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Characteristics of Quality Community Engaged Scholarship

This document identifies and discusses eight characteristics that can be used as the basis for evaluating the quality and significance of community-engaged scholarship. These characteristcs can inform a scholar's CES goals and activities, and support the assessment process for determining faculty promotion and tenure.

  1. Clear Academic and Community Change Goals
  2. Adequate Preparation in Content Area and Grounding in the Community
  3. Appropriate Methods: Rigor and Community Engagement
  4. Significant Results: Impact on the Field and the Community
  5. Effective Presentation/Dissemination to Academic and Community Audiences
  6. Reflective Critique: Lessons Learned to Improve the Scholarship and Community Engagement
  7. Leadership and Personal Contribution
  8. Consistently Ethical Behavior: Socially Responsible Conduct of Research and Teaching

Learn more about each of these characteristics on our page.

Ideas for Documenting Community Engaged Scholarship in a Dossier
Documenting and Assessing Engaged Scholarship and Impact for Tenure and Promotion

This presentation outlines trends and challenges for community engaged scholarship (CES), as well as how to understand and document community impact, evaluate quality and significance in CES, and make the best case for promotion or tenure as a community-engaged scholar. It was delivered at a workshop at the University of Guelph on 2016 by Cathy Jordan, Associate Professor of Pediatrics and Extension at the University of Minnesota and Executive Editor of CES4Health.info.

Supplementary resources from this presentation include:

The University of Minnesota Promotion and Tenure Committee Resource Packet, which provides promotion and tenure committees with increased understanding of best practices in community-engaged scholarship, guidance about how to evaluate the quality of community-engaged scholarship, and an expanded understanding of the various forms that scholarship may take as a result of community-engaged work.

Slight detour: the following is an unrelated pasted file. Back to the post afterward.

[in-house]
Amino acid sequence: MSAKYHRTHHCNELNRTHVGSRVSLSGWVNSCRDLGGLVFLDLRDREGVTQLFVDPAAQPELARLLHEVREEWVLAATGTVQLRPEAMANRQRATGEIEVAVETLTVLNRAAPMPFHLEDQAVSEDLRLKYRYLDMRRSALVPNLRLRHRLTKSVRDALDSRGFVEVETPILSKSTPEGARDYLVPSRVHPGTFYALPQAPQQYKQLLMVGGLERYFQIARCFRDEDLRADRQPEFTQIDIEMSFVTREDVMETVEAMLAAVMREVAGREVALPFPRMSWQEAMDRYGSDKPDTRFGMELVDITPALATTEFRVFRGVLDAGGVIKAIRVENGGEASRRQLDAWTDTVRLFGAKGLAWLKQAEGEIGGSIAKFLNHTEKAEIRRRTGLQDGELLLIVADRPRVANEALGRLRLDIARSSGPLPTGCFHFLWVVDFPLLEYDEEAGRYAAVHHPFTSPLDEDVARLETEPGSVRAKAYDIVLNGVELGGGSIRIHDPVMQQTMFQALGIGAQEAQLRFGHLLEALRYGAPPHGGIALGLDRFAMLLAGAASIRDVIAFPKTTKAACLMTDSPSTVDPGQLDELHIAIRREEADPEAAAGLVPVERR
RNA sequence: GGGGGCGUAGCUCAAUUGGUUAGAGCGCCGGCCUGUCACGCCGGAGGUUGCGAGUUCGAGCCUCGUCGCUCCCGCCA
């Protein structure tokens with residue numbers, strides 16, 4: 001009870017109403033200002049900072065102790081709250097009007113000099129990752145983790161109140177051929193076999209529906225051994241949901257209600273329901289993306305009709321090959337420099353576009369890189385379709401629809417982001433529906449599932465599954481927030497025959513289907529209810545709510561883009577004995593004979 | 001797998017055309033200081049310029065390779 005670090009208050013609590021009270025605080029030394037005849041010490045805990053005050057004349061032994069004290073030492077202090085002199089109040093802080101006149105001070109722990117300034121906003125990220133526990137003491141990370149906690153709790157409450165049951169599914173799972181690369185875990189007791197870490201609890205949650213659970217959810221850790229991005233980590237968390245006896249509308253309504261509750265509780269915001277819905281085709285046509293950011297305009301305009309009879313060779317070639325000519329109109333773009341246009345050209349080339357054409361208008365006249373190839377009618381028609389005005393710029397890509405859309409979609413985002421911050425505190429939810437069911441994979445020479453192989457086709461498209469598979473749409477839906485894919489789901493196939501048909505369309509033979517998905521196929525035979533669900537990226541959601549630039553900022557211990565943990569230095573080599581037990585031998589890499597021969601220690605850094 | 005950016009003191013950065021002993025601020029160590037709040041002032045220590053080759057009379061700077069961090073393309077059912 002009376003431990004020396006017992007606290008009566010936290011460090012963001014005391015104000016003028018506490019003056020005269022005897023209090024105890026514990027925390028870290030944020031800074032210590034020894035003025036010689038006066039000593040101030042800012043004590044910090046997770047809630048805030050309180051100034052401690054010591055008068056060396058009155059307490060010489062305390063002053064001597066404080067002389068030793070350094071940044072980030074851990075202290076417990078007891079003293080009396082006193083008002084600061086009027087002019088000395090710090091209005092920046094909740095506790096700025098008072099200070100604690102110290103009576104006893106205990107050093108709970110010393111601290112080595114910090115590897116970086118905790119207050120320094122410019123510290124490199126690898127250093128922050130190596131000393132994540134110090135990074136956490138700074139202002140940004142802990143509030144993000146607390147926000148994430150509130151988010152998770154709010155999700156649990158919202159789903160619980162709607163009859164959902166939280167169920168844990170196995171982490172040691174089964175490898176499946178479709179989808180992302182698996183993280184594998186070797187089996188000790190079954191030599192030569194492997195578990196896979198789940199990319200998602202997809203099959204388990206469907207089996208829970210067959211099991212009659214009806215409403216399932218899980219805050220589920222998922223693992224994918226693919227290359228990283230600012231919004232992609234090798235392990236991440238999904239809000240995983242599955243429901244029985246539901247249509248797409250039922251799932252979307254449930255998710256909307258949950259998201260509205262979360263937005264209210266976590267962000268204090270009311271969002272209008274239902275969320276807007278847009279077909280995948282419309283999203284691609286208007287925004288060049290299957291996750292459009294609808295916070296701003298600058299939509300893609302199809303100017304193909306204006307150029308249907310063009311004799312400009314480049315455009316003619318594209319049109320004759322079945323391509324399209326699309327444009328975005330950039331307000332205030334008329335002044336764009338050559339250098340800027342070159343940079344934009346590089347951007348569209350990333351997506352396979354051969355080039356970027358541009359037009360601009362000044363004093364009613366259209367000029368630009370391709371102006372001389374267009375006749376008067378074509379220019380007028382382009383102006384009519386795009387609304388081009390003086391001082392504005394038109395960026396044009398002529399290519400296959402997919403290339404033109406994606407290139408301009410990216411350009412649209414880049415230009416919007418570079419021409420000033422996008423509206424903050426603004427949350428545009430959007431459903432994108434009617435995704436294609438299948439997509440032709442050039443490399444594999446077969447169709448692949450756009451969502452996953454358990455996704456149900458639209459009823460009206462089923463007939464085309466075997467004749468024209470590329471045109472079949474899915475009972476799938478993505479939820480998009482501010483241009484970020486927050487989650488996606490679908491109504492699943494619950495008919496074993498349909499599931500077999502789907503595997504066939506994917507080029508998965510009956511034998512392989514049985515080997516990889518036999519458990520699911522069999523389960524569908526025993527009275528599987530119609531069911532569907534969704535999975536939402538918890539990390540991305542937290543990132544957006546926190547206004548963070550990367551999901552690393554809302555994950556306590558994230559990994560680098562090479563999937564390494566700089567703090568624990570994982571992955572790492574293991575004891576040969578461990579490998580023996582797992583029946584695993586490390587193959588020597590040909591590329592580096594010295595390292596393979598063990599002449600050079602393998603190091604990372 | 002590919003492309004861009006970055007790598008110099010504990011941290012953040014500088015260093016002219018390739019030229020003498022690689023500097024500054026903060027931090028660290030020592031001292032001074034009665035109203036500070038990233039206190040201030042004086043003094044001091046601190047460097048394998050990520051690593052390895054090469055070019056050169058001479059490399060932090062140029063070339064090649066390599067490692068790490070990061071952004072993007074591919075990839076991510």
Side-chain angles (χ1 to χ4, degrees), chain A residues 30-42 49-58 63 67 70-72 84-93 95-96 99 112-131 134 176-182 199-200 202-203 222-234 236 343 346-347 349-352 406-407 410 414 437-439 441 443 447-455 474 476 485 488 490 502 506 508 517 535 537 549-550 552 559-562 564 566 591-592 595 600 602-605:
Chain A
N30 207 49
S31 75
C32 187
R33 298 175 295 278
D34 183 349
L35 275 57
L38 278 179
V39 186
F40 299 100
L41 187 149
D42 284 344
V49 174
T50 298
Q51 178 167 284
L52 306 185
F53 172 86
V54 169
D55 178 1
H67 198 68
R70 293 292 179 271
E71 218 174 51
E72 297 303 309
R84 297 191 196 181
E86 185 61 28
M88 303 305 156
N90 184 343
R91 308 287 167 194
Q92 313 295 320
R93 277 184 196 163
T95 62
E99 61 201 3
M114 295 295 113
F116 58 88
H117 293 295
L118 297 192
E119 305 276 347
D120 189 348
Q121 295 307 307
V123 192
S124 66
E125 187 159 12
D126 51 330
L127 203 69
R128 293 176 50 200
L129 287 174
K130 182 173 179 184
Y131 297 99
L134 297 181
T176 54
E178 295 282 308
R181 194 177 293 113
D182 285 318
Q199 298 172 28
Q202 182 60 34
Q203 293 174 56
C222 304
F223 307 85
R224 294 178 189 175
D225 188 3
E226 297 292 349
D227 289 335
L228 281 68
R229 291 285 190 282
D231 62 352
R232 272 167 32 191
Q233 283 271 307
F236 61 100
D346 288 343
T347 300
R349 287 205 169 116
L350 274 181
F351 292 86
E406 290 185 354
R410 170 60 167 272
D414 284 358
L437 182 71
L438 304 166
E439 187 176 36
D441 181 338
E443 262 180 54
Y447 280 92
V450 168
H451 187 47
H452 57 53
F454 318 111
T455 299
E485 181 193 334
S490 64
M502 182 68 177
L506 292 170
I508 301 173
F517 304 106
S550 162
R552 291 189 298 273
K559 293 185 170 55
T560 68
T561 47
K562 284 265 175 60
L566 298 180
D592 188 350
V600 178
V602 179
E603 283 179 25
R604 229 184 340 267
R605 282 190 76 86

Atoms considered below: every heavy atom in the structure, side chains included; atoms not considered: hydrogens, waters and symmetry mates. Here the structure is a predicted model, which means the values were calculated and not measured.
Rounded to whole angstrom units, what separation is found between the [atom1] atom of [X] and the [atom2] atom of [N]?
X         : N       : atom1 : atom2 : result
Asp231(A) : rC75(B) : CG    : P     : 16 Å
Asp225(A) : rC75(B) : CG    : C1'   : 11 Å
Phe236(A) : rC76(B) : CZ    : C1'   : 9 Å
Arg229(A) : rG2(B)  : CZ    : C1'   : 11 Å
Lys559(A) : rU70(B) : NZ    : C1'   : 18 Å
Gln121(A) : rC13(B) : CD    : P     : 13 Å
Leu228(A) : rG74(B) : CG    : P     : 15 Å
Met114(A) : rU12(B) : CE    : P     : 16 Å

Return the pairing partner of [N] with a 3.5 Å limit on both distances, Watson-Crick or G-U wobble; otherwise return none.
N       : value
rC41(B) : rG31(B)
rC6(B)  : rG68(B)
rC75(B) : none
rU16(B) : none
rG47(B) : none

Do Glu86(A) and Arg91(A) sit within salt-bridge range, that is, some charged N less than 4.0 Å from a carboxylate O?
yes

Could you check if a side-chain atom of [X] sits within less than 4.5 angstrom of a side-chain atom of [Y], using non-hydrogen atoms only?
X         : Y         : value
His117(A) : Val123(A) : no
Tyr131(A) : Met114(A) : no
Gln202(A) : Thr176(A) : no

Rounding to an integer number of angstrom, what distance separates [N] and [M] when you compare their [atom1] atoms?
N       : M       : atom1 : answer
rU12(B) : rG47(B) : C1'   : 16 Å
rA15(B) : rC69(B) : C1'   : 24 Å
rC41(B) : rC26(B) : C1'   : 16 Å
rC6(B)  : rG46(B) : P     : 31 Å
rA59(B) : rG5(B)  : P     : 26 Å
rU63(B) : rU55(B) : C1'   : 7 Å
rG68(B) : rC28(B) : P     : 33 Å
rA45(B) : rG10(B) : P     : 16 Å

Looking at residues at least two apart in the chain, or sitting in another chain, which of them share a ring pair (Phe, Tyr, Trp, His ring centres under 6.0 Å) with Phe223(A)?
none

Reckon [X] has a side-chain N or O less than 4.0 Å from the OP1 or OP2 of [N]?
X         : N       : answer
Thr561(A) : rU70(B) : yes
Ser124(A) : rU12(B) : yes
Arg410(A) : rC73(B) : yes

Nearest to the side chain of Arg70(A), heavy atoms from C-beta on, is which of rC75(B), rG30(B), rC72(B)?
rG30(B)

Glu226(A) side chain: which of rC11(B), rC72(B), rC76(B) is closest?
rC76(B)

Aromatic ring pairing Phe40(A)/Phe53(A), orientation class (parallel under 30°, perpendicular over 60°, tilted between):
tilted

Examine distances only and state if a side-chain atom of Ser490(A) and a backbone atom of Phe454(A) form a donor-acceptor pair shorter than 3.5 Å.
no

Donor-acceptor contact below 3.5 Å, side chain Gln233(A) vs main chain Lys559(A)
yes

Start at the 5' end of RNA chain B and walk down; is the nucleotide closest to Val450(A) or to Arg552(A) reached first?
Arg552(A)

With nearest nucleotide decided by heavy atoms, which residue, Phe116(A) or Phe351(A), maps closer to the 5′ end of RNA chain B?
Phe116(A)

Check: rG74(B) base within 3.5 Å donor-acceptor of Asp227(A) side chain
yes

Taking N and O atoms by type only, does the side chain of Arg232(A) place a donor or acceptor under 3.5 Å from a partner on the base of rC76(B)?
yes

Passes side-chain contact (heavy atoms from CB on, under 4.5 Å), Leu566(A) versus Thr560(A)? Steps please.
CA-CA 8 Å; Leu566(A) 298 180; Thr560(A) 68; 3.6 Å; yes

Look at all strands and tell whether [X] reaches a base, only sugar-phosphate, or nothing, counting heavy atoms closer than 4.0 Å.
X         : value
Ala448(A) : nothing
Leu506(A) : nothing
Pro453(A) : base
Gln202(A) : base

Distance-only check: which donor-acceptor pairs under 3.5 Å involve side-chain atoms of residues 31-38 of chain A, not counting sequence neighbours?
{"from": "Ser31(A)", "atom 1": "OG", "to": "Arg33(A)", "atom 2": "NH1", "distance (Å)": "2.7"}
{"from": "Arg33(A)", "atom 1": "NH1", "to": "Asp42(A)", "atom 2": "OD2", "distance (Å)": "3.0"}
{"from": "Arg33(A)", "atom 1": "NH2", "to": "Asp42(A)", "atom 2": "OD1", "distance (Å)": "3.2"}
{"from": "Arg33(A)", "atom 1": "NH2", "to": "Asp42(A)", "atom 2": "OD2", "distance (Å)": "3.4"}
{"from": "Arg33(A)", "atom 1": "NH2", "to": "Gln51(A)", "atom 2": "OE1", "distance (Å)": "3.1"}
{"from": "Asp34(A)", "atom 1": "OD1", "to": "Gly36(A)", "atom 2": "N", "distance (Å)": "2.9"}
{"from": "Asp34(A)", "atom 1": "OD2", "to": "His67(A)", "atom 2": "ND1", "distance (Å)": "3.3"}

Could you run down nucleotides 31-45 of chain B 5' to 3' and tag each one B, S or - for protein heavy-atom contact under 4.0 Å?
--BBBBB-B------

The University of Minnesota Sample Dossier Excerpts, which illustrate how a community-engaged scholar may document their work and their alignment with best practices in CES. It also includes letters of support to illustrate how others might discuss the community-engaged scholar and their work.

Presentation: Including Community-Engaged Scholarship in a Dossier - Strategies for Faculty

This presentation outlines strategies, resources and examples for highlighting community-engaged scholarship in faculty CVs and dossiers for promotion and tenure purposes. It was delivered at a faculty workshop at the University of Guelph in 2012 by Sarena Seifer, founding executive director of Community-Campus Partnership for Health and Adjunct Professor at the University of Guelph.

Literature Review: Reconceptualizing Tenure and Promotion Processes

This reports presents a literature review of contemporary thinking and best practices on reconceptualizing tenure and promotion processes to recognize a broader range of scholarly activities. It seeks to support university administrators and tenure and promotion committees in adapting university reward systems to better reflect the growing role of community-engaged scholarship, and in promoting community engagement as a core value and practice within departments.

Template for the Development of Assessment Criteria for Community-Engaged Scholarship

This template, created by CSAHS in 2011, provides a framework for the development of criteria for assessing community-engaged scholarship in the context of tenure and promotion processes. It seeks to support both faculty submitting portfolios that include CES activities, and academic departments, schools and institutions exploring questions of quality and impact in assessing CES.

Presentation: Assessing Community Engaged Scholarship in Faculty Dossiers

This presentation includes definitions, resources and details to attend to in reviewing faculty dossiers that have a community-engaged component. It was delivered by Sarena Seifer as part of an orientation session for Department Tenure and Promotion Committees hosted by the College of Social and Applied Human Sciences in 2012.